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Posted April 20 2004 - 03:02 PM

Tim:

Re: the Subwoofer--there is no left/right run an audio cable from the SUBWOOFER OUT on the back of the receiver to an INPUT on the subwoofer (left or right, it doesn't matter)

The key to hooking up cables from a receiver to components is to hook an OUTPUT on the component to an appropriate INPUT on the receiver. For example, a DVD, or XBOX, or even a LASERDISC will have a VIDEO OUT jack that may be composite (yellow RCA), or S-video, or Component, or DVI, etc. That output would plug into the same type jack INPUT on the receiver labeled for that component. The audio works the same way, except you have a choice of using a digital output, or an analog output that is hooked to the corresponding input on the receiver.

On the back of the receiver there should be a video OUT that will go to a INPUT on the back of the TV.

Does that help?

Bob

#6 of 17 Nathan Stohler

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Posted April 21 2004 - 12:36 AM

Tim,

For audio, connect the OUTPUT of your A/V source (DVD player, CD player, cable box, etc.) to an INPUT on your receiver. If you ever plan on listening to your TV speakers, connect the audio OUT from your receiver to the audio IN on your TV (on your receiver, audio OUT L/R jacks may be labelled MONITOR.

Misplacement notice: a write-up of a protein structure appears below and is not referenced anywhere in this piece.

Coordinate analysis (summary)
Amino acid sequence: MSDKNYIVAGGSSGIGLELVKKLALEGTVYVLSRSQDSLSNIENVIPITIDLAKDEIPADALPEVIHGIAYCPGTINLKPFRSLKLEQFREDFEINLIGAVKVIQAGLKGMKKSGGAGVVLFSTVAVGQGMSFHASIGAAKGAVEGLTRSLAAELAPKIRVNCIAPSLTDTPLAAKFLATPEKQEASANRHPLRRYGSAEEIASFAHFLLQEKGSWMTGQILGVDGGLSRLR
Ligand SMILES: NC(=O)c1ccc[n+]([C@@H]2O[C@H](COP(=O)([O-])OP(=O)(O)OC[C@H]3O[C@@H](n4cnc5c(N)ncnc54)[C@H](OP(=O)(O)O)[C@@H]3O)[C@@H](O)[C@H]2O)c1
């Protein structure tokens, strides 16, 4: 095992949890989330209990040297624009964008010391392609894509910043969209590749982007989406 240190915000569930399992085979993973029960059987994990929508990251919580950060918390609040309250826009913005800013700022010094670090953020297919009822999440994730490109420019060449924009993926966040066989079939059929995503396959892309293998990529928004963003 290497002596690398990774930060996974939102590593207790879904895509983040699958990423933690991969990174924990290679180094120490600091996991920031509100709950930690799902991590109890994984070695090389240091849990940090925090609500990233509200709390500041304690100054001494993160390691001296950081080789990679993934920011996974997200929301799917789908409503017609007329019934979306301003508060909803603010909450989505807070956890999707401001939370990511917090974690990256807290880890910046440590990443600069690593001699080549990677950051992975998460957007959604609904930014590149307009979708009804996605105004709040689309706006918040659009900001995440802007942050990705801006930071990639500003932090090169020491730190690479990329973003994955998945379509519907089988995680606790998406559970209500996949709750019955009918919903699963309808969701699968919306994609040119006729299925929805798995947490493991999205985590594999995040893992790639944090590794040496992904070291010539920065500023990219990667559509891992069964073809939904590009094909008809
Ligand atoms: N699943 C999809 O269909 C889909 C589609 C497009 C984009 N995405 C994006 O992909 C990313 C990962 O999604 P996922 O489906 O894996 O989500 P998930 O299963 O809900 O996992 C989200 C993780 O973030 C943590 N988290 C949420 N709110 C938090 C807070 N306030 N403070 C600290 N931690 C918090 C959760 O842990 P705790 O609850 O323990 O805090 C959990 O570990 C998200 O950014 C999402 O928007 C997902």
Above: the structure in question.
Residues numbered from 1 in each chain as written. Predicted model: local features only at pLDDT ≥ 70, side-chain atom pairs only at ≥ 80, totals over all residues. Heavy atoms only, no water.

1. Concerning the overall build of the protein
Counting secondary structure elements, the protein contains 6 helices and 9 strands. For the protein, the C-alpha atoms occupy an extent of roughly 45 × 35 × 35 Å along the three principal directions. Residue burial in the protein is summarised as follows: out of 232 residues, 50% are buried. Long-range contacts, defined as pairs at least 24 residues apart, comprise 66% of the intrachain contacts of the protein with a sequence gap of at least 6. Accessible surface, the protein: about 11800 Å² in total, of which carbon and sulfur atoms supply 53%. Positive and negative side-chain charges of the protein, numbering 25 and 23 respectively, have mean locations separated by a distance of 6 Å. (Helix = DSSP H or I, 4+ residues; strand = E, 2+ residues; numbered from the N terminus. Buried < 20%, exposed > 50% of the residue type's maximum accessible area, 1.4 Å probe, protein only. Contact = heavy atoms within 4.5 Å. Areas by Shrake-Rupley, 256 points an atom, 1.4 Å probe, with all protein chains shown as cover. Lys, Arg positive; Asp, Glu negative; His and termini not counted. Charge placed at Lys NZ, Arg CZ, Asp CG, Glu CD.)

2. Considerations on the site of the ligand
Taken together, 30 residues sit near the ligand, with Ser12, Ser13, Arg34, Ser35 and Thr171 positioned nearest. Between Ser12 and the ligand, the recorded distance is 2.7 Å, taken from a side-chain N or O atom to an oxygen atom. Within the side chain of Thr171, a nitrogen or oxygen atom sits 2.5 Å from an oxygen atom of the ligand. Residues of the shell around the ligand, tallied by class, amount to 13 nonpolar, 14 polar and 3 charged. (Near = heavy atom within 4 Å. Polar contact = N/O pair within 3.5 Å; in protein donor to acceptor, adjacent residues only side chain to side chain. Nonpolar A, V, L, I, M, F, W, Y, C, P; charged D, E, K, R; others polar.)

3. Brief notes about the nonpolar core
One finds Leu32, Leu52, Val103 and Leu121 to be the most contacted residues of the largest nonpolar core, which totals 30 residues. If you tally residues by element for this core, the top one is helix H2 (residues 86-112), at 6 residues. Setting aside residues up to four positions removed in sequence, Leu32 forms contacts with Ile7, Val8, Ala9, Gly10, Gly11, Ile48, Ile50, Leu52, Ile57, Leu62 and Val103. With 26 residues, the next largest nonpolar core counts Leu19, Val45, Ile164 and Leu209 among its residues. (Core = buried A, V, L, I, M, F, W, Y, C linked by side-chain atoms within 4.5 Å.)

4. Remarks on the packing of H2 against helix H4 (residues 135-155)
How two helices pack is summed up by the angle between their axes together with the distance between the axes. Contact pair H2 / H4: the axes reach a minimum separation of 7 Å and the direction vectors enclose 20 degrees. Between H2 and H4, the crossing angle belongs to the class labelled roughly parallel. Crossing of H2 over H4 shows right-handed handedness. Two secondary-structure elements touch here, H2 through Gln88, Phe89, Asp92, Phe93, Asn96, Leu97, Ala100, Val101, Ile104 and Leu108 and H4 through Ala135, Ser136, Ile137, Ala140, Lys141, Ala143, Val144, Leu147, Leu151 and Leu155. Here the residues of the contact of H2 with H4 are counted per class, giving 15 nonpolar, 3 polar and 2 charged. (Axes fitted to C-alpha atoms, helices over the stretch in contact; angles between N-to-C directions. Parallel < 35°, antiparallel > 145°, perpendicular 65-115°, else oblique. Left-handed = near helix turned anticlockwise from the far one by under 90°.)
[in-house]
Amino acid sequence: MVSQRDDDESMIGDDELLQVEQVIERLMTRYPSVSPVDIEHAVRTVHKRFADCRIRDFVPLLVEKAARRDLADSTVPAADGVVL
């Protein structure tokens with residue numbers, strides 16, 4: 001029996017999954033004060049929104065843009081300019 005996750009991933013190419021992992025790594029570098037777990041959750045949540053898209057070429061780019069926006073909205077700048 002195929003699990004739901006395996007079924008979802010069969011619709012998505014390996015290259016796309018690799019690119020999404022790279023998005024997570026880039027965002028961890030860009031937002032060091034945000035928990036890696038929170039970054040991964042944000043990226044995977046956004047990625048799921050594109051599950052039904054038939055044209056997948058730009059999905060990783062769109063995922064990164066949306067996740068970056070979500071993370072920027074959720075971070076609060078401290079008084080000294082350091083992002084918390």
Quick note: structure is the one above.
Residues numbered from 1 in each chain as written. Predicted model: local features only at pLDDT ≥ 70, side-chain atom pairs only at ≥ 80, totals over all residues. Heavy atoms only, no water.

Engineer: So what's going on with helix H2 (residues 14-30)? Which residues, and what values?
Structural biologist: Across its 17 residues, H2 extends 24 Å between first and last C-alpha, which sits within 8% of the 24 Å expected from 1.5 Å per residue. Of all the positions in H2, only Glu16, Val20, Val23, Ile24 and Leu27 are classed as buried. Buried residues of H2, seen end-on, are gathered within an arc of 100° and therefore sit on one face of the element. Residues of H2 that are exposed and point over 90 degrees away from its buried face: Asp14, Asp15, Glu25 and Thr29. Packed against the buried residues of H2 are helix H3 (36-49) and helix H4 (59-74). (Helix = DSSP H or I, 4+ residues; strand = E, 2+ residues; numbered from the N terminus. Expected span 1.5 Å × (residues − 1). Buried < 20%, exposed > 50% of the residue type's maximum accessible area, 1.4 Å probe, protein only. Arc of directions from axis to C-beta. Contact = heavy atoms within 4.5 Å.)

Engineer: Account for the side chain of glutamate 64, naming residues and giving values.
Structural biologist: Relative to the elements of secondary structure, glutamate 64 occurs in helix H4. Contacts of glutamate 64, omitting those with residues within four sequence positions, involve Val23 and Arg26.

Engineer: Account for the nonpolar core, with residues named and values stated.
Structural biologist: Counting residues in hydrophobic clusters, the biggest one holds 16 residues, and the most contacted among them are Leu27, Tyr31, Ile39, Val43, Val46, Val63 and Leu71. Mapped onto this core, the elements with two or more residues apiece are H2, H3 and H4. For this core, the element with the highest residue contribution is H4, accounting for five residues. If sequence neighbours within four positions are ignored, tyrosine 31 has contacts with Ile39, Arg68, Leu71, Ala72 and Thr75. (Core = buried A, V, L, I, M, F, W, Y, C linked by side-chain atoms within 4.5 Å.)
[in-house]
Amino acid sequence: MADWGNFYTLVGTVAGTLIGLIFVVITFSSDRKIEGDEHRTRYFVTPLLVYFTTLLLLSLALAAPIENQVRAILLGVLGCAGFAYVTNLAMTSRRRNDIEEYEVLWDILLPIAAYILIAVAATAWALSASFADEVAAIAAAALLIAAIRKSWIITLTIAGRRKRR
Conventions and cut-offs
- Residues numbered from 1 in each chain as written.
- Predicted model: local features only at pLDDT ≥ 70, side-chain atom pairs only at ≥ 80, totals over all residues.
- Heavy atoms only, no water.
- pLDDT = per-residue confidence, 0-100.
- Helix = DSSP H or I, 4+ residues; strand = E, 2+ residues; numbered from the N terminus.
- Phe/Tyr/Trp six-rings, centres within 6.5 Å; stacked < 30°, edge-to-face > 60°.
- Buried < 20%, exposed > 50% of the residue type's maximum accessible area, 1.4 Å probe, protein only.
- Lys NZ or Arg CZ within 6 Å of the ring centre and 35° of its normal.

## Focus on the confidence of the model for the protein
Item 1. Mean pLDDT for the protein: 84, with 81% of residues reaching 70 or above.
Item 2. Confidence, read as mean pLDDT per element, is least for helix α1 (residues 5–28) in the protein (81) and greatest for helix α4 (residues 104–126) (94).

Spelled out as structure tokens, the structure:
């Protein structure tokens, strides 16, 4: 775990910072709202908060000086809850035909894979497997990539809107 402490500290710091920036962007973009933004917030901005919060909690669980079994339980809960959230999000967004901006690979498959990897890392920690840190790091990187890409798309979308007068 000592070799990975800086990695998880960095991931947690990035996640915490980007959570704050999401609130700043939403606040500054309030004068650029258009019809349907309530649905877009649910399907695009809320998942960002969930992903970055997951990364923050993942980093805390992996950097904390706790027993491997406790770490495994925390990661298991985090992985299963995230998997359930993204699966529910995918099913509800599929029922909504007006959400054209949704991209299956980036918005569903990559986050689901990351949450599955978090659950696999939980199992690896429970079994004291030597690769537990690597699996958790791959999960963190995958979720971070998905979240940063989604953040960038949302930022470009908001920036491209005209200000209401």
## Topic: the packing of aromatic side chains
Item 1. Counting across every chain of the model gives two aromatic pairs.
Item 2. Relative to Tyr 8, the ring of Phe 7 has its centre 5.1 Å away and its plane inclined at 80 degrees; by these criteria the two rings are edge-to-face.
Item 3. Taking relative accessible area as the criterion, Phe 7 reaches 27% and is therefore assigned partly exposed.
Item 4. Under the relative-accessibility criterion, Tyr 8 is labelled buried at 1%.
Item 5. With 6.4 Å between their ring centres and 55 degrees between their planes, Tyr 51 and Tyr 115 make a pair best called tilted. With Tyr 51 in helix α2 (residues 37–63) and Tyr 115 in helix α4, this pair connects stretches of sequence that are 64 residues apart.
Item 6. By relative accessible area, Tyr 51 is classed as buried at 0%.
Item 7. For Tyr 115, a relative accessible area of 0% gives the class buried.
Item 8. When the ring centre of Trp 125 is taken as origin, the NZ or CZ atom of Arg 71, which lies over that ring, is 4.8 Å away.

For video, there are two basic options: feed video directly to the TV or through your receiver. If you do it through your receiver, you have the advantage of doing video switching with your receiver (instead of having to change the input on your receiver AND your TV). However, you also have to use more cables.

IF you want to route video through your receiver, connect the VIDEO OUT from your source to a VIDEO IN on your receiver (be sure it's the same input that you connected the audio to). Then, once all your components are hooked up, you will need a separate cable for each type of video connection (this isn't true if your receiver up-converts).

If your receiver doesn't do up-conversion, then take note of what types of video connections you are using. For example, if your DVD player is hooked up with component, your XBOX with composite and your VCR with S-video, you will need a component cable, composite cable and S-video cable from your reciever's MONITOR OUT to your TV's VIDEO IN.

If your receiver does up-convert, you may only need one connection to your TV (component in this example).